Further evidence that these are indeed RPE cells is their regular packing structure. Primary, secondary, and tertiary oscillations of the DRP indicate that the cells are closely packed, and a honeycomb appearance due to the hexagonal packing structure is readily observed in the images. Similar hexagonal packing is observed in en face microscopy imaging. 18  
Conclusion
This is the first report showing direct visualization of the RPE cells in a human eye. The visibility of RPE cells using direct backscattered light identifies regions where photoreceptors no longer scatter or wave-guide light and are no longer functioning. Visualizing the RPE and other retinal structures on this scale may be useful in diagnosing or monitoring the progression of retinal disease. This work represents a first step toward imaging the structural and basic functional properties in cases of retinal degeneration in which RPE cells can be seen. Further work is needed to identify the sources within the RPE cell that scatter light. In addition, we plan to perform additional studies using AOSLO to gain a better definition of the anatomic properties of the RPE cells visualized, using filters to image autofluorescence as a measure of lipofuscin content. We also plan to use AOSLO to deliver stimuli with high resolution to assess visual function in regions where RPE cells are seen. Finally, we plan to observe patients in whom RPE cells are visible longitudinally, to determine whether the RPE cells are visible during a stage in progressive degeneration or whether these visible RPE cells represent a unique phenotype for a subset of retinal diseases. 
 
Figure 1.
 
Composite image of a patient with cone–rod dystrophy. The complete image (left) spans approximately 4.25 × 3.3° (scale bar is 1°). Top right: locations of the RPE cells that were used for the spacing analysis. Bottom right: cone-preserved region (central zone) and the extent of the irregular annual zone where the RPE cells were visualized. The annular zone of RPE cells lie within the bull’s-eye lesion that can be seen in a conventional fundus photograph.
Figure 1.
 
Composite image of a patient with cone–rod dystrophy. The complete image (left) spans approximately 4.25 × 3.3° (scale bar is 1°). Top right: locations of the RPE cells that were used for the spacing analysis. Bottom right: cone-preserved region (central zone) and the extent of the irregular annual zone where the RPE cells were visualized. The annular zone of RPE cells lie within the bull’s-eye lesion that can be seen in a conventional fundus photograph.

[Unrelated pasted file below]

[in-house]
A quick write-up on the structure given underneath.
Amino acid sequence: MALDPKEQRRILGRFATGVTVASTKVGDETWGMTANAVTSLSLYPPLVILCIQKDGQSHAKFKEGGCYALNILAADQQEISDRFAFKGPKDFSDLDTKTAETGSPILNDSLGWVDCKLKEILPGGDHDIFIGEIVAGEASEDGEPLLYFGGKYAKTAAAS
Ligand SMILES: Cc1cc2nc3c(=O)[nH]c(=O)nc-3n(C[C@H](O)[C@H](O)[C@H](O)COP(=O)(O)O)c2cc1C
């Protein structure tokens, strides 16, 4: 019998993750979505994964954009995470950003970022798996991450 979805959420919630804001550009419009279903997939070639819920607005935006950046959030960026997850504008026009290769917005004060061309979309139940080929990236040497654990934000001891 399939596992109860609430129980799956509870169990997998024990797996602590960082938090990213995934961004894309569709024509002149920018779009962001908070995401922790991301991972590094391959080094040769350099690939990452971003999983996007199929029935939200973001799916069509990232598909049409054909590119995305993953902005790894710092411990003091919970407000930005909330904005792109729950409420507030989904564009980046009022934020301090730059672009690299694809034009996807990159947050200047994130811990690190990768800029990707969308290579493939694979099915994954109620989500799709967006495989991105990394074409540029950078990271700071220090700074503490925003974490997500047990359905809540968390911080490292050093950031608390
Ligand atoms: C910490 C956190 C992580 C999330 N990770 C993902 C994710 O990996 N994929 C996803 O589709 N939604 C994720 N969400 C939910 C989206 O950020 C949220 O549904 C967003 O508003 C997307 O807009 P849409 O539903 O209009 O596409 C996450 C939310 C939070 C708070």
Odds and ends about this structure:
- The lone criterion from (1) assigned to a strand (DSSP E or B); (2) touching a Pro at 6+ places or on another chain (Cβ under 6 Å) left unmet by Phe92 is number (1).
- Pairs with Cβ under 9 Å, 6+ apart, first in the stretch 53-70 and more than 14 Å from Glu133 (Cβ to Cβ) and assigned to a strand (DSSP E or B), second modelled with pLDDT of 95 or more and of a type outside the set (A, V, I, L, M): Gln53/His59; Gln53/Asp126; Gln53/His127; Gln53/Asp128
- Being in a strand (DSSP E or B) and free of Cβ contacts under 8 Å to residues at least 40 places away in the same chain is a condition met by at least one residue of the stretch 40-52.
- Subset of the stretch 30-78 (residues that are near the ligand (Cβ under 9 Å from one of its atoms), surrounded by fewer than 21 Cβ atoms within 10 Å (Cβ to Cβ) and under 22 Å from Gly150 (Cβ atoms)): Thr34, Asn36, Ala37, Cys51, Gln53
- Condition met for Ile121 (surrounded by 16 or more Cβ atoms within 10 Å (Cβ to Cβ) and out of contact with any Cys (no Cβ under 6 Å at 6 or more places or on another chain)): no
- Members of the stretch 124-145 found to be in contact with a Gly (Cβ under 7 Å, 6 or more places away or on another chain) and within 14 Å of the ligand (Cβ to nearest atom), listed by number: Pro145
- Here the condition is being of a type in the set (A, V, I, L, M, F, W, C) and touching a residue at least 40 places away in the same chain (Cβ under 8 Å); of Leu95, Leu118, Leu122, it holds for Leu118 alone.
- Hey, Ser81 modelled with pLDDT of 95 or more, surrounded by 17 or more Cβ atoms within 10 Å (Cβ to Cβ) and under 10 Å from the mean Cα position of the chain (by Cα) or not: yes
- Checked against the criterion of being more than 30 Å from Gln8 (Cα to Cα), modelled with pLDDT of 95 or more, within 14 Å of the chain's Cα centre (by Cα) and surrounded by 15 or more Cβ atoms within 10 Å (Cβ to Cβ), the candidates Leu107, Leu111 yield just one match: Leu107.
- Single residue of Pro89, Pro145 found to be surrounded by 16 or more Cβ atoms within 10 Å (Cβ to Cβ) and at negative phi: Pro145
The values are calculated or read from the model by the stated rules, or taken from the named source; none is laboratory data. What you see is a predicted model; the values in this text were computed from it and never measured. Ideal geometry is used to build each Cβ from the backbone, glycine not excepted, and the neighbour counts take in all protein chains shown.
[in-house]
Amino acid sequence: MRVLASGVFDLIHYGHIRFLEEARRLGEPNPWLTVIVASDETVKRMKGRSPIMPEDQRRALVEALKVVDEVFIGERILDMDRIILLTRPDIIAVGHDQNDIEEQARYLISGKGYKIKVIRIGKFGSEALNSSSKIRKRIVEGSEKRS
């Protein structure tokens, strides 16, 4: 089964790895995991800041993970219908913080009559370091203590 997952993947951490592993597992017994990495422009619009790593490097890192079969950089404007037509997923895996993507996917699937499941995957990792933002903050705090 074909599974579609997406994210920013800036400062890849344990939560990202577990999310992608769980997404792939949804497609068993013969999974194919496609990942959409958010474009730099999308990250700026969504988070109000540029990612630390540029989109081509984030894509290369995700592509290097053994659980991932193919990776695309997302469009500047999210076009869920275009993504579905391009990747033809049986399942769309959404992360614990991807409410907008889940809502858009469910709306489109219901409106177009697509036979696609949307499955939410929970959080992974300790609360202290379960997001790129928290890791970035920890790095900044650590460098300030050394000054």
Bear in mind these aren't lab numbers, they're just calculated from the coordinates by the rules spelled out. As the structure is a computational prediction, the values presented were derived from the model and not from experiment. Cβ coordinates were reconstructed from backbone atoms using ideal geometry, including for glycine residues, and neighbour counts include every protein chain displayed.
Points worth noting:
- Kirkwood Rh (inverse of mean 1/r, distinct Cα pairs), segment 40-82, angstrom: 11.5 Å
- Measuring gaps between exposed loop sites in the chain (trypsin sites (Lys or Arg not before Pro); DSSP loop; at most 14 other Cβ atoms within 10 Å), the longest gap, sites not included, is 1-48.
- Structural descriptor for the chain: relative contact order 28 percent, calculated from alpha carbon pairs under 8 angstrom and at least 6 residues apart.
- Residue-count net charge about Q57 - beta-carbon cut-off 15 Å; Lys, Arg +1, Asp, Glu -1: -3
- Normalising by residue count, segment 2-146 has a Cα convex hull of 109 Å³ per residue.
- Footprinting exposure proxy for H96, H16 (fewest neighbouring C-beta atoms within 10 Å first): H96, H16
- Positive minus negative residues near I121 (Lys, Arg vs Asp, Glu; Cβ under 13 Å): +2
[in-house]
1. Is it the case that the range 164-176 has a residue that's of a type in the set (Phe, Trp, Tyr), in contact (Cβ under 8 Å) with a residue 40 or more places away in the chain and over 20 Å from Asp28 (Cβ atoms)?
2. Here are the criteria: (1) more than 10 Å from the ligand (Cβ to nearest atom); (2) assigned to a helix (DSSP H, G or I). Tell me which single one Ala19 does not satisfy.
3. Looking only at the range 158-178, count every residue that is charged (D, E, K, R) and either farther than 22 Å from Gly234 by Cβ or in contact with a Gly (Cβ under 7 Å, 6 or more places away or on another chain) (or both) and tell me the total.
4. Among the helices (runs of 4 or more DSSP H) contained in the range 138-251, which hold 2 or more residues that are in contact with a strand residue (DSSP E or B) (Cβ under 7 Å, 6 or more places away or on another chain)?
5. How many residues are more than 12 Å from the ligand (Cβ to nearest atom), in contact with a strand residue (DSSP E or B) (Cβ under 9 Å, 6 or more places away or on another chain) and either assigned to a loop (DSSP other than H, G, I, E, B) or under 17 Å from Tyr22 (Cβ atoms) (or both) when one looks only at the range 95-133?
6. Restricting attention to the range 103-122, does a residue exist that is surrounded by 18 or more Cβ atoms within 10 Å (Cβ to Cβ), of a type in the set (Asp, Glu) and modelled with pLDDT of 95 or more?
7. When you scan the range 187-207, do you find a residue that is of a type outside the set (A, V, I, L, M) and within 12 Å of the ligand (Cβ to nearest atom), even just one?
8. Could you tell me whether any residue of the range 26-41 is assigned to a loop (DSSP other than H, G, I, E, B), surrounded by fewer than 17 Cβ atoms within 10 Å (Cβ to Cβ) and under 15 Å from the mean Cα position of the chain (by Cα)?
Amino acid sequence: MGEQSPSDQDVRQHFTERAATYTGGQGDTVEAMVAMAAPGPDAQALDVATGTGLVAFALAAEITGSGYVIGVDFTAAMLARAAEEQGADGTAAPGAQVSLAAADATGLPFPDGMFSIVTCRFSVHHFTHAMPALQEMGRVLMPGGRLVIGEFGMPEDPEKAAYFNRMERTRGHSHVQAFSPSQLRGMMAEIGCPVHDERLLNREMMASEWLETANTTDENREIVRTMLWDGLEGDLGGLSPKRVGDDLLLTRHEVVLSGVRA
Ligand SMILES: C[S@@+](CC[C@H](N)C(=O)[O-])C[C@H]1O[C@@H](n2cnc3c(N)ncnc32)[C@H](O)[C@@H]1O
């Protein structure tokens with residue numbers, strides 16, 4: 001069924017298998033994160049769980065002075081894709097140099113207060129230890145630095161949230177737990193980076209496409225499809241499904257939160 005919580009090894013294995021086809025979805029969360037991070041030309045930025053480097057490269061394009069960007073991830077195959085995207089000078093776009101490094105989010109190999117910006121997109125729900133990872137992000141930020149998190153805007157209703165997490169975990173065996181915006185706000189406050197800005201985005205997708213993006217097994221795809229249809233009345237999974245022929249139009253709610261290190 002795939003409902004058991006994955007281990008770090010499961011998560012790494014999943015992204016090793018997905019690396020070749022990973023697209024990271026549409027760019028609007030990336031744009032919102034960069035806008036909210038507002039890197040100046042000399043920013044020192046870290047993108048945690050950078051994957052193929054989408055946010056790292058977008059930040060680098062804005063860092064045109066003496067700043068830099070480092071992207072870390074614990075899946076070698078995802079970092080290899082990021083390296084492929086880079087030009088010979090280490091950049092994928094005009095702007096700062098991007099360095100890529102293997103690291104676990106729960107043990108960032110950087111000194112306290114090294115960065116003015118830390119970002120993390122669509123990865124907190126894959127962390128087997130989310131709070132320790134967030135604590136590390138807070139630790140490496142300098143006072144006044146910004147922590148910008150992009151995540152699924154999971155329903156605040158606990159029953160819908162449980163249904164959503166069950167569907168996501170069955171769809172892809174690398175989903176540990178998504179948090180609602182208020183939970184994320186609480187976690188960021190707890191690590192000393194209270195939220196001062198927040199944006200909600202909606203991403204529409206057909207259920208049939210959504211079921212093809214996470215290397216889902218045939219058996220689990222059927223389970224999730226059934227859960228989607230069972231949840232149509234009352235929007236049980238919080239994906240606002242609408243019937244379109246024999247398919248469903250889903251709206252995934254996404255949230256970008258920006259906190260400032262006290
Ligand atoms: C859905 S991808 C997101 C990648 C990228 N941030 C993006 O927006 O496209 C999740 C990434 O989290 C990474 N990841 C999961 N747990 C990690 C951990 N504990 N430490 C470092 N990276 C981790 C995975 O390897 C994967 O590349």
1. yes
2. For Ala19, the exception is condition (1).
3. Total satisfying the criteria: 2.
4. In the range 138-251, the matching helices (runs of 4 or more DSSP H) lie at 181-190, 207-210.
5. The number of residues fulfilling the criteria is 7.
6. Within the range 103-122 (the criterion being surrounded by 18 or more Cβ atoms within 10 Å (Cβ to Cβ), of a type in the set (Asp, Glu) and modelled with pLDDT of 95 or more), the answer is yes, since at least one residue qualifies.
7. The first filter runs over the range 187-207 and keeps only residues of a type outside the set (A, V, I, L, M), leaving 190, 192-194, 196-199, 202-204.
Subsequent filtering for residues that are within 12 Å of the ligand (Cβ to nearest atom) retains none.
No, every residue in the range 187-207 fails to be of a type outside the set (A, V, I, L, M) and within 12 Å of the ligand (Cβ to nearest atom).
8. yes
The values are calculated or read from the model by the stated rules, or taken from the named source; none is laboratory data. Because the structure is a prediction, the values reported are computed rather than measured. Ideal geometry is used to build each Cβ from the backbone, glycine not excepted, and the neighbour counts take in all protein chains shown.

Figure 2.
 
Density recovery profile for the subset of RPE cells identified in Figure 1 . The nearest neighbor cells peak in density at 3.04 minutes of arc, which corresponds to an approximate distance of 15.20 μm (assuming that 1° of visual angle corresponds to a 300 μm span on the retina). The average distance of the measured RPE cells from the foveal center is approximately 1°. The regularity of the packing and the consistency of cell size are clear from the oscillatory nature of the DRP.
Figure 2.
 
Density recovery profile for the subset of RPE cells identified in Figure 1 . The nearest neighbor cells peak in density at 3.04 minutes of arc, which corresponds to an approximate distance of 15.20 μm (assuming that 1° of visual angle corresponds to a 300 μm span on the retina). The average distance of the measured RPE cells from the foveal center is approximately 1°. The regularity of the packing and the consistency of cell size are clear from the oscillatory nature of the DRP.
Figure 3.
 
Microperimetry (MP; Nidek, Technologies America, Inc., Greensboro, NC) results superimposed on the AOSLO image. The numbers indicate the attenuation scale in decibels; 20-dB sensitivity is expected from normal subjects representing a differential luminance of 1.27 cd/m2. Absolute scotomas, indicated by empty squares and labeled 0, correspond to regions with visible RPE cells as well as regions with RPE atrophy (hyperreflective regions). Measurable visual function with reduced sensitivity is retained in the central region, where some cones are preserved, albeit at lower density than in a normal eye. The scale bar represents 1° of visual field, or approximately 300 μm.
Figure 3.
 
Microperimetry (MP; Nidek, Technologies America, Inc., Greensboro, NC) results superimposed on the AOSLO image. The numbers indicate the attenuation scale in decibels; 20-dB sensitivity is expected from normal subjects representing a differential luminance of 1.27 cd/m2. Absolute scotomas, indicated by empty squares and labeled 0, correspond to regions with visible RPE cells as well as regions with RPE atrophy (hyperreflective regions). Measurable visual function with reduced sensitivity is retained in the central region, where some cones are preserved, albeit at lower density than in a normal eye. The scale bar represents 1° of visual field, or approximately 300 μm.
Figure 4.
 
Case 2: fundus photograph (top left), fluorescein angiogram at 48 seconds after injection (top right) and AOSLO image (bottom). The fundus photograph shows RPE mottling surrounding a central region of preserved RPE where focal yellow spots are present. On fluorescein angiography, the region of RPE mottling demonstrated a window defect consistent with RPE loss, with central hypofluorescence due to blocking centrally in the region with preserved RPE cells. The AOSLO image revealed a patchy foveal cone mosaic with increased cone spacing. The preferred retinal locus is indicated by the dashed circle in the image, but fixation was unstable compared with normal. RPE cells filled the remaining area. To orient the reader, three RPE cells in the bottom left corner have been outlined. The brighter RPE cells in the AOSLO image match the yellow spots in the fundus photograph. The average size of the RPE cells in this region is 14.85 μm. Scale bar, 0.25° or ∼75 μm.